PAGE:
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Obama seeks to widen support base with Florida seniors, Hispanics

President Barack Obama, left, on stage after being introduced by Viviana Margarita Janer, right, at a campaign event Saturday  at the Kissimmee, Fla., Civic Center.
President Barack Obama, left, on stage after being introduced by Viviana Margarita Janer, right, at a campaign event Saturday at the Kissimmee, Fla., Civic Center.

KISSIMMEE, Fla. -- Kicking off a two-day Sunshine State barnstorm Saturday, President Barack Obama tapped into key parts of what he hopes will be a winning Florida coalition similar to but larger than the one he assembled in 2008.

At stops in Seminole and Kissimmee, Fla., the president, who won the Sunshine State by just 50.9 percent in 2008, targeted the votes of senior citizens, warning that their Medicare benefits would be harmed by a plan put forward by his Republican opponents Mitt Romney and Paul Ryan.

“I want you to know, AARP, I would never turn Medicare into a voucher,” Obama said at a civic center here, making an explicit play for members of the 50-and-up club. “I believe no American should ever have to spend their golden years at the mercy of insurance companies.”

Obama lost Florida seniors to John McCain in 2008 but is seeking to do better with them this time around, focusing mainly on appealing to their support of federal entitlements. They’re a lucrative demographic in Florida, having made up 22 percent of the total vote in 2008.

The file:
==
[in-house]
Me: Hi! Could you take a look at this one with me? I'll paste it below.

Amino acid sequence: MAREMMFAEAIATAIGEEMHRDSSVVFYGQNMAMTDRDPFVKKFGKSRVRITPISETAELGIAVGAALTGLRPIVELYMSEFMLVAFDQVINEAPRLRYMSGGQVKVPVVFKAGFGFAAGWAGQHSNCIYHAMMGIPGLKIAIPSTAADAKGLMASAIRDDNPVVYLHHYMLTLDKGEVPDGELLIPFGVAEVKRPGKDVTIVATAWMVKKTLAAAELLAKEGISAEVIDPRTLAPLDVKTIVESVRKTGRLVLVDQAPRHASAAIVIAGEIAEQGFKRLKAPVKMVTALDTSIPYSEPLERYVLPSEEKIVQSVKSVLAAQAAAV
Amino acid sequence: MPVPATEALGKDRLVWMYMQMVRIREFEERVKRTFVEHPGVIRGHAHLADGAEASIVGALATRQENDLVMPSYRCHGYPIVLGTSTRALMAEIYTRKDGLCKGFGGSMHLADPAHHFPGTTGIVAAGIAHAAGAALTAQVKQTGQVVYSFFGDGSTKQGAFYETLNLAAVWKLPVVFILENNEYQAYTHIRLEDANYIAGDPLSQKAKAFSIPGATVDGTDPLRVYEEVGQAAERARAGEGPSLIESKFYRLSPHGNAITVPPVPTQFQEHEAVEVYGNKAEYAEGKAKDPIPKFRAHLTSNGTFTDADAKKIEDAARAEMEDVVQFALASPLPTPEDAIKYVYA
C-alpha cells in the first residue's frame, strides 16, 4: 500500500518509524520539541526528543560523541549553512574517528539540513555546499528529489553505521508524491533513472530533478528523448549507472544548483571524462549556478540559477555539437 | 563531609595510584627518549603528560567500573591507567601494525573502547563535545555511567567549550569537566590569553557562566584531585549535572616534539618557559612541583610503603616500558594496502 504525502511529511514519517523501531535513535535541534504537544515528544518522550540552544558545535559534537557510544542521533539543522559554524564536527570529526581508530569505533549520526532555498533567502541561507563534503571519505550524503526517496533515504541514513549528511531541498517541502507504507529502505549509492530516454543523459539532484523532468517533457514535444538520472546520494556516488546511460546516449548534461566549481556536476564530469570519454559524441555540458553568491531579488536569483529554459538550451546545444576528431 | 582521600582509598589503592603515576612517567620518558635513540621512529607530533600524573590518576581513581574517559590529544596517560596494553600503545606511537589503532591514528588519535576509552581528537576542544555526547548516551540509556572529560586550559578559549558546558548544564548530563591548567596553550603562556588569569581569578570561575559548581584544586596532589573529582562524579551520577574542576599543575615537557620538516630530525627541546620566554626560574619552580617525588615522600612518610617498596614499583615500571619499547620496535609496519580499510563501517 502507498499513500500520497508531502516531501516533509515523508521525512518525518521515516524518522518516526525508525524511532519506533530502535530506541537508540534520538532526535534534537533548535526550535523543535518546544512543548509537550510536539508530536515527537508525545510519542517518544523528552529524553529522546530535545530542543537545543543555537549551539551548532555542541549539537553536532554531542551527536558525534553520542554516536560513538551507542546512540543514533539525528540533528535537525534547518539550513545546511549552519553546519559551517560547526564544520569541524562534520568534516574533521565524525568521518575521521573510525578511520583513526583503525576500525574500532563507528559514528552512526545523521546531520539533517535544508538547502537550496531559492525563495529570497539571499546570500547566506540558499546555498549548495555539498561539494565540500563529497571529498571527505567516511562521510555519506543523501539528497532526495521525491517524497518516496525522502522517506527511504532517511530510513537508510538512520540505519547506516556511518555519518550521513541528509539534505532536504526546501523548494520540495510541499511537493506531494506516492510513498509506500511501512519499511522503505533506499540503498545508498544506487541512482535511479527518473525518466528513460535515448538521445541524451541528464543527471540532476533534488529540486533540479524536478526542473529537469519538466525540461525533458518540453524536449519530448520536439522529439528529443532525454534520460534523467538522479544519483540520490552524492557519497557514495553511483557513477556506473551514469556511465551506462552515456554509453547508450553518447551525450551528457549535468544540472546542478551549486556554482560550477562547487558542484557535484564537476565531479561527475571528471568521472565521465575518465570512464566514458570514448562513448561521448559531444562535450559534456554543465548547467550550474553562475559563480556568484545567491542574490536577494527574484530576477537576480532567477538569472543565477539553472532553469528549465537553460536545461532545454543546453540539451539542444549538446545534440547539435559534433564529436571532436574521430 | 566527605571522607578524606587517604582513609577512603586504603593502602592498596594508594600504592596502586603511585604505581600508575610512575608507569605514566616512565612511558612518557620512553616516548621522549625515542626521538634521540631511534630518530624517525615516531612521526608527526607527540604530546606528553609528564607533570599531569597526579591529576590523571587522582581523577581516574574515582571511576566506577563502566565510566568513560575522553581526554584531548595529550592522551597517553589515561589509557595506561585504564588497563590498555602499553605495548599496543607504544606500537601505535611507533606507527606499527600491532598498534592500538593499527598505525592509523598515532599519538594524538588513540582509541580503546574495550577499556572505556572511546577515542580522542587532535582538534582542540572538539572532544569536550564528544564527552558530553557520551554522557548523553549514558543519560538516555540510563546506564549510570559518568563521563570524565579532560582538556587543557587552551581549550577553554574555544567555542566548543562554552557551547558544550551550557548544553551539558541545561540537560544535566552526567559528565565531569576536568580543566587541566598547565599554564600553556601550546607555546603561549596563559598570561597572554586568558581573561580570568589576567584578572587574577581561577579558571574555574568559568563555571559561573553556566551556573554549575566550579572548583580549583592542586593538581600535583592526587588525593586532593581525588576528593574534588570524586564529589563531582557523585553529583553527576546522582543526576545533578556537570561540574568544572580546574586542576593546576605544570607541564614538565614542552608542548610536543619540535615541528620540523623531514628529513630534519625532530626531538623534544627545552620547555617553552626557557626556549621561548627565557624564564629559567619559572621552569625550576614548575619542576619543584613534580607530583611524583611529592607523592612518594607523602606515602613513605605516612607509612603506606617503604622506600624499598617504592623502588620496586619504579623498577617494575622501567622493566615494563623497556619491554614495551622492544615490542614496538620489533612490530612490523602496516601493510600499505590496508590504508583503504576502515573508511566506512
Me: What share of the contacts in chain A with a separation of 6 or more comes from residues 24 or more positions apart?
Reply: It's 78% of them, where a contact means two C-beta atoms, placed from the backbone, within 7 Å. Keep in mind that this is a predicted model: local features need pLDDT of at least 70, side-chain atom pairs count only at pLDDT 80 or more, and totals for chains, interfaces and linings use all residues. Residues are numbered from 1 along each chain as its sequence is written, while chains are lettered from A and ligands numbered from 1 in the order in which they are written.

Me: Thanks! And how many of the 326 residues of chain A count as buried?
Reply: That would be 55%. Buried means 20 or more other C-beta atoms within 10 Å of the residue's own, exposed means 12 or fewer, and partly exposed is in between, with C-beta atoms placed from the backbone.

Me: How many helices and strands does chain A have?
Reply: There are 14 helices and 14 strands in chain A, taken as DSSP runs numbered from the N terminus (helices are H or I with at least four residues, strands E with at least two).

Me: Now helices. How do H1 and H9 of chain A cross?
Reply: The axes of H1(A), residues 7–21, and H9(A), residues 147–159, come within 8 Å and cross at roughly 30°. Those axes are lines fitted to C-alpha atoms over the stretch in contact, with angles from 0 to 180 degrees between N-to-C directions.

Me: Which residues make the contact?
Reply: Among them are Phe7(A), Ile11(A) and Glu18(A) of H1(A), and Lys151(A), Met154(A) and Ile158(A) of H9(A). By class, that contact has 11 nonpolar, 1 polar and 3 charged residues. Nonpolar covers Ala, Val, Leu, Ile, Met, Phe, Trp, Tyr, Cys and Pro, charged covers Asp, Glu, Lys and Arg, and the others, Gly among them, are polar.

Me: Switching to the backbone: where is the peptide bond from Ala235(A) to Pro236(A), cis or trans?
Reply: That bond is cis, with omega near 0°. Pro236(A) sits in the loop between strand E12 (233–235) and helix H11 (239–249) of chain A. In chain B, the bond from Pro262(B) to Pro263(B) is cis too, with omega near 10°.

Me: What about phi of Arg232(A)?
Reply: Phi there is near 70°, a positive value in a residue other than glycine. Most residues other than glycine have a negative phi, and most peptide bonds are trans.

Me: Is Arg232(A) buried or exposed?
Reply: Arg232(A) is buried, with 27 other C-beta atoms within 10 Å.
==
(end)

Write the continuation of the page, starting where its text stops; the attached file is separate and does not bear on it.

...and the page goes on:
Vice President Joe Biden also brought the “Medicare good, Republicans bad” message to Zanesville, Ohio, where he told a crowd there that Romney and Ryan are “not actually preserving Medicare. They’re for a whole new plan, ‘vouchercare.’"

The Romney campaign pushed back on Biden’s attack on Medicare, saying in a statement that Biden “knowingly and deliberately leveled false and discredited attacks.”

Besides seniors, the president also tailored his pitch Saturday to Hispanic voters, who tended to lean Republican in Florida before 57 percent of them voted for Obama in 2008. Introducing him in Kissimmee was Viviana Margarita Janer, a woman who was born in Puerto Rico but has lived in the United States since she was 6 months old.

Janer urged the audience of 3,000 to register to vote, noting that the website, which Obama frequently hawks on the stump, is also available in Spanish.

“When you put the ‘I voted’ sticker on, you’re going to feel great pride knowing that you gave this man, this great leader, four more years to finish what he started,” she said. 

And earlier in Seminole, Obama praised Hispanic voters as part of the patchwork that gave him a win in Florida in 2008.

“I look out on this crowd, I am reminded you were the change,” he said to a crowd of 10,000 at the Seminole campus of St. Petersburg College, noting “folks… from every walk of life -- black, white, Hispanic, Asian, Native American, young, old, gay, straight, abled, disabled,” he said. 

The president blazed through friendly territory throughout Saturday, first in Pinellas County, home to Seminole, where he won 54 percent of the vote in 2008. And Osceola County, where Kissimmee is, gave him 60 percent of the vote.

Kissimmee has special resonance for the Obama campaign given Bill Clinton’s post-convention status as Obama has been putting it “Secretary of Explaining Stuff:” Kissimmee was the first place the two campaigned together after Obama bested Clinton’s wife, Hillary, in the 2008 Democratic primaries.

During that Oct. 30 speech, Clinton, perhaps still a bit raw from the bruising primary his wife endured, praised Obama as a good decision-maker in part because he had the good sense to consult the Clintons during the financial crisis.

“He talked to his advisers — he talked to my economic advisers, he called Hillary. He called me,” Clinton said. “You know why? Because he knew it was complicated and before he said anything, he wanted to understand,” Clinton said, four years before he would get a bear hug from the now-president after delivering one of the strongest defenses ever of the latter’s policies.